Sometimes you just want to press the pause button in life.

It's not a novel idea that this millennial age is a minefield of too much to do and not enough time to do it all. Between work, family, friends, and the general struggles of trying to get by, life can get pretty overwhelming and before you know it, you forget to take care of yourself.

No one knows this better than Erika Ellis, the Old Town District Manager. The neighborhood in her charge is a Portland diamond in the rough, forgotten by many as the rest of the city grew. As a Portland native who has deep-rooted Rose City love (she grew up in the Southeast Numbers and then worked in the nightlife circuit in Northwest), Ellis sees some serious promise in the beauty of Old Town, and her role is meant to highlight why this neighborhood is so great. But meeting the demands and needs of the epicenter of Portland's waterfront can get pretty taxing pretty fast.

That's why Ellis is organizing Wellness on the Waterfront. On June 21, the public is welcome to gather for four yoga classes happening throughout the day at the Japanese American Historical Plaza. It'll be an event to take a break from the daily grind to come enjoy some sun and zen in Old Town and return to state of mindfulness on the Summer Solstice.

We talked with Ellis about her work for Old Town and why WOW is part of the the neighborhood's revitalization.

What do you do exactly?
As Old Town's District Manager, my key role is community engagement and support. I do my best to support people who live, work, and play in Old Town. Meaning, I'm a conductor and conduit of energy between the businesses, residents (housed and unhoused), and The City of Portland. I'm something like a micro-mayor without any political slant.

What is Wellness on the Waterfront?
Wellness on the Waterfront is a partnership between Old Town Community Association and Lululemon designed to honor Summer Solstice and International Day of Yoga on Thursday June 21st, 2018. The event is free and open to the public at the Japanese American Historical Plaza (at Northwest Couch Street on the waterfront) with classes offered at 7am, 12pm, 5:30pm, and 7pm.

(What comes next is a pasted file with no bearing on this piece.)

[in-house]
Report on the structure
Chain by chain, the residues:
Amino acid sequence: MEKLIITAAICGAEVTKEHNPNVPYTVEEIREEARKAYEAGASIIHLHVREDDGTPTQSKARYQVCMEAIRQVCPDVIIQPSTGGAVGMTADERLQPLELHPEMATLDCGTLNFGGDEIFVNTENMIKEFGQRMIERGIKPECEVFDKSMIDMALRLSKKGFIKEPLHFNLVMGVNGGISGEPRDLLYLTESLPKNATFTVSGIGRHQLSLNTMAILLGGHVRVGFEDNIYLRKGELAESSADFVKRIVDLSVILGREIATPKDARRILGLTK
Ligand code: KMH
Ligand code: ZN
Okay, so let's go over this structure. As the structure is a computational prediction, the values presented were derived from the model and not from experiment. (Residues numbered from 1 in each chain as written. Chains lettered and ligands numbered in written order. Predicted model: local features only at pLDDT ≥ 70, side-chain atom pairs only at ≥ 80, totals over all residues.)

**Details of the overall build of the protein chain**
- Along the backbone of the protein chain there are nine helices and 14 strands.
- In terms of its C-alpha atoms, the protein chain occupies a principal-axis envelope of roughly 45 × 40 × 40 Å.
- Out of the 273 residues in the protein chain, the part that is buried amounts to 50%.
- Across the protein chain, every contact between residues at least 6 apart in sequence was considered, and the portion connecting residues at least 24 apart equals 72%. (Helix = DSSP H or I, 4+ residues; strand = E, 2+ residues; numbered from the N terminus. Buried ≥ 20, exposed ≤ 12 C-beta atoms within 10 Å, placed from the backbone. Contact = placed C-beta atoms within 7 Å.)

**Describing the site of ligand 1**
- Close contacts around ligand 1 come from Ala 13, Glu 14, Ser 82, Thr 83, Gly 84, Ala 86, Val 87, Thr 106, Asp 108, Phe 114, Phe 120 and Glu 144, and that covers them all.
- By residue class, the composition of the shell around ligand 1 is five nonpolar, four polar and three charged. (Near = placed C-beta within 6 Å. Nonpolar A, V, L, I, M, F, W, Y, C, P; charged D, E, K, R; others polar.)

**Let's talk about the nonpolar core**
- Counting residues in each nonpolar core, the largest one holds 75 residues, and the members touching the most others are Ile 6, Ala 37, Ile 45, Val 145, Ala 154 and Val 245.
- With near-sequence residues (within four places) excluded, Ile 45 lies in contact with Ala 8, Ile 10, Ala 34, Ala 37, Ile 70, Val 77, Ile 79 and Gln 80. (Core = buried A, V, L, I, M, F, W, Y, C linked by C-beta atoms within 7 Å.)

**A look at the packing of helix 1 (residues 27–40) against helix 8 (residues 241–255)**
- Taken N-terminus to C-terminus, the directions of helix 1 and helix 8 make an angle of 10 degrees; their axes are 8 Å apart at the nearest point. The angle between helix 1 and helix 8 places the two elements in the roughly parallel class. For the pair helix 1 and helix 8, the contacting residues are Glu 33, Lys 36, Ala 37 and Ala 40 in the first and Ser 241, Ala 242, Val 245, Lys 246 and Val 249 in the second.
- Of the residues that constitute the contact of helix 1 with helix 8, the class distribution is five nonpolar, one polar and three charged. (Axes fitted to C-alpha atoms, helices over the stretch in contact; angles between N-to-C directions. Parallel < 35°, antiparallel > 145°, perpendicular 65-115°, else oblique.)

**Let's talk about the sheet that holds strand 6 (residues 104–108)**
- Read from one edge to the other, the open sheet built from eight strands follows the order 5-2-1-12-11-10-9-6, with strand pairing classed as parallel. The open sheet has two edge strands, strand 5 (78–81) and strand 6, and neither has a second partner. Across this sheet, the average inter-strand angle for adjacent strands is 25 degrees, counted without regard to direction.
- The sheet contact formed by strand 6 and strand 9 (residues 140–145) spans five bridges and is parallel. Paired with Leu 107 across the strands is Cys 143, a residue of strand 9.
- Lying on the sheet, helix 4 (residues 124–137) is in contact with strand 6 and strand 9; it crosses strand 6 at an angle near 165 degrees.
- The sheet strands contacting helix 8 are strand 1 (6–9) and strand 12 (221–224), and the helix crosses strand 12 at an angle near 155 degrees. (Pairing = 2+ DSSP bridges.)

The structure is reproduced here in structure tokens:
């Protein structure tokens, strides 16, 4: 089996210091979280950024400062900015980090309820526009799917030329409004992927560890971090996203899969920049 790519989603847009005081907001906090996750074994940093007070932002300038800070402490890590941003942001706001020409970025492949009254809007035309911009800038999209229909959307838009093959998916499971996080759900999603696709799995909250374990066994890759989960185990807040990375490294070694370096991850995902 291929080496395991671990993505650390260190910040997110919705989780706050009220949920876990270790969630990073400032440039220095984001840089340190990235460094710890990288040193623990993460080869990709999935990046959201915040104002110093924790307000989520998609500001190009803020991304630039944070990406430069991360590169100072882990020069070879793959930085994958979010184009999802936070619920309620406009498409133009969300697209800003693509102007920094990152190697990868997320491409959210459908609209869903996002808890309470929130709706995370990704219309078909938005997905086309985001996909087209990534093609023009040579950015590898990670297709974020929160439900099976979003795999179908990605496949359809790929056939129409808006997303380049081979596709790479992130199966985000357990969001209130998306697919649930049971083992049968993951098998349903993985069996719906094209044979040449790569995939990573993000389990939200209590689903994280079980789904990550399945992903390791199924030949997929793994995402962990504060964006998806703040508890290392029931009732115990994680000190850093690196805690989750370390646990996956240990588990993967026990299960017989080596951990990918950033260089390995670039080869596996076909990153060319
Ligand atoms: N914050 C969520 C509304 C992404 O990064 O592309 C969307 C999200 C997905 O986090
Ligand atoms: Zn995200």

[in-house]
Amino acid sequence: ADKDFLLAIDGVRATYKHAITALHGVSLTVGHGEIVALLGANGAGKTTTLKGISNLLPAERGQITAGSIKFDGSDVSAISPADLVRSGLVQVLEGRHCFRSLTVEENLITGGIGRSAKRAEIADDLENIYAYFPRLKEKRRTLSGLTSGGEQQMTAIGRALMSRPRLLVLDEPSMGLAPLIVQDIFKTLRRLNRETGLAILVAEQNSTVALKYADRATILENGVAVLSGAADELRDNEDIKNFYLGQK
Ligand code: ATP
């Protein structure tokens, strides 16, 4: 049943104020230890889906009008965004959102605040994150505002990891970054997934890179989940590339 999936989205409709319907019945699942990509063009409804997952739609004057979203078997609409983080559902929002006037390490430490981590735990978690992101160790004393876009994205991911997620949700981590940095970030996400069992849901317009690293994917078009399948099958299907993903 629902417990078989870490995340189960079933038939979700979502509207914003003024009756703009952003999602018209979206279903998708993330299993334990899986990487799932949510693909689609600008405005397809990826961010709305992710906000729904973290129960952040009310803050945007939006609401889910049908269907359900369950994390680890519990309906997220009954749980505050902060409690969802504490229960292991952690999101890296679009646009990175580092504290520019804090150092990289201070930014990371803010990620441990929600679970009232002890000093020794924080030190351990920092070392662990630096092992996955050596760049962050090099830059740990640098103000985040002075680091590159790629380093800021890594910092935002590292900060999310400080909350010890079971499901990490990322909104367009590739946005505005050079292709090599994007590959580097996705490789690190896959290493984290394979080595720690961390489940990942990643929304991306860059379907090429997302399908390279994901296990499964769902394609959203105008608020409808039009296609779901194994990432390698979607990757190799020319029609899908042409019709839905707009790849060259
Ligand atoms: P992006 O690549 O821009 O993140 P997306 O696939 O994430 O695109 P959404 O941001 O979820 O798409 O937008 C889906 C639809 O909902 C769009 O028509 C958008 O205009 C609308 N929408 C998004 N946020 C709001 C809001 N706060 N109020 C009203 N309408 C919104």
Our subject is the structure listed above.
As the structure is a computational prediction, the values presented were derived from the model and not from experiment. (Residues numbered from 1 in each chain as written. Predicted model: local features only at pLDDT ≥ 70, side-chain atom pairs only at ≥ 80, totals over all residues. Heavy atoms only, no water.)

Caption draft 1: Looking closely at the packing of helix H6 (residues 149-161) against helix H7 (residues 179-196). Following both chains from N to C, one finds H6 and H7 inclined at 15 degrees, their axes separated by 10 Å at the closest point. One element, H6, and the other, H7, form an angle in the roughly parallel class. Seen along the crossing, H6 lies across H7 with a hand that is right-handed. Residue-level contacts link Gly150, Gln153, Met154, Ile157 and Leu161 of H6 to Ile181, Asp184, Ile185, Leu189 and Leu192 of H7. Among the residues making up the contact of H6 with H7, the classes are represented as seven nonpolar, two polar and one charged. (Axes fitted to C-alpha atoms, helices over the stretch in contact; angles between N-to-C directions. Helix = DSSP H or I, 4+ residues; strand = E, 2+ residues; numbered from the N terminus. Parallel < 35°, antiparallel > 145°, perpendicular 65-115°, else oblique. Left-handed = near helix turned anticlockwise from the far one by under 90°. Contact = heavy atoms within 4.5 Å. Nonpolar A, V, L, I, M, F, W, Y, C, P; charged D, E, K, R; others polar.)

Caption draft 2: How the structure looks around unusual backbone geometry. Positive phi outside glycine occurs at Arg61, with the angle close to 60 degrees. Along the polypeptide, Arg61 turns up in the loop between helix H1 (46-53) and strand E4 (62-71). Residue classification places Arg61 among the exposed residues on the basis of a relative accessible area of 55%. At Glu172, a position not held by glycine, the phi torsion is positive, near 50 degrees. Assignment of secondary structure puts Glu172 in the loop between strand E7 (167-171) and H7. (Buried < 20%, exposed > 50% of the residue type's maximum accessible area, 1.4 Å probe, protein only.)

What made you decide to do a yoga event in Old Town?
I'm pretty new to this role and wanted my first neighborhood activation to be centered in connectedness and mindfulness. I love how yoga has the ability to offer that to us no matter who we are and where we come from. So, I took great care in seeking ways to remove or limit the obstacles that prevent people from practicing yoga.

What does mindfulness mean to you?
Mindfulness to me is taking responsibility for the energy you bring into a space. It's a practice but one that can be a great source of power and liberation.

How does mindfulness impact your work in Old Town?
Old Town is very diverse. It's not unusual to connect with people who are just like me: black, femme, queer moms with afros that listen to disco. But often times I am around people who are very different from me. That could be in gender identity, race, ethnicity, religion, age, social economics, and the list goes on to infinity. Mindfulness is showing up exactly as I am while simultaneously honoring and respecting who someone else is without judgement. Ultimately, we're all people sharing the same goal of wanting Old Town to thrive.

How do you plan to foster community in Old Town beyond Wellness on the Waterfront?
I'm here to learn how I can help make Old Town a more connected neighborhood. With that, active listening goes a long way. In listening I'll learn which ways to best support unlikely pairings and foster unique collaborations. There's no shortage of style, creativity, and culture in Old Town. And if there's any neighborhood that can handle a strong dose of eccentricity, it's Old Town.

Attend Wellness on the Waterfront on June 21. Yoga classes will be at 7 am, 12 pm, 5.30 pm, and 7 pm. See the full event schedule here.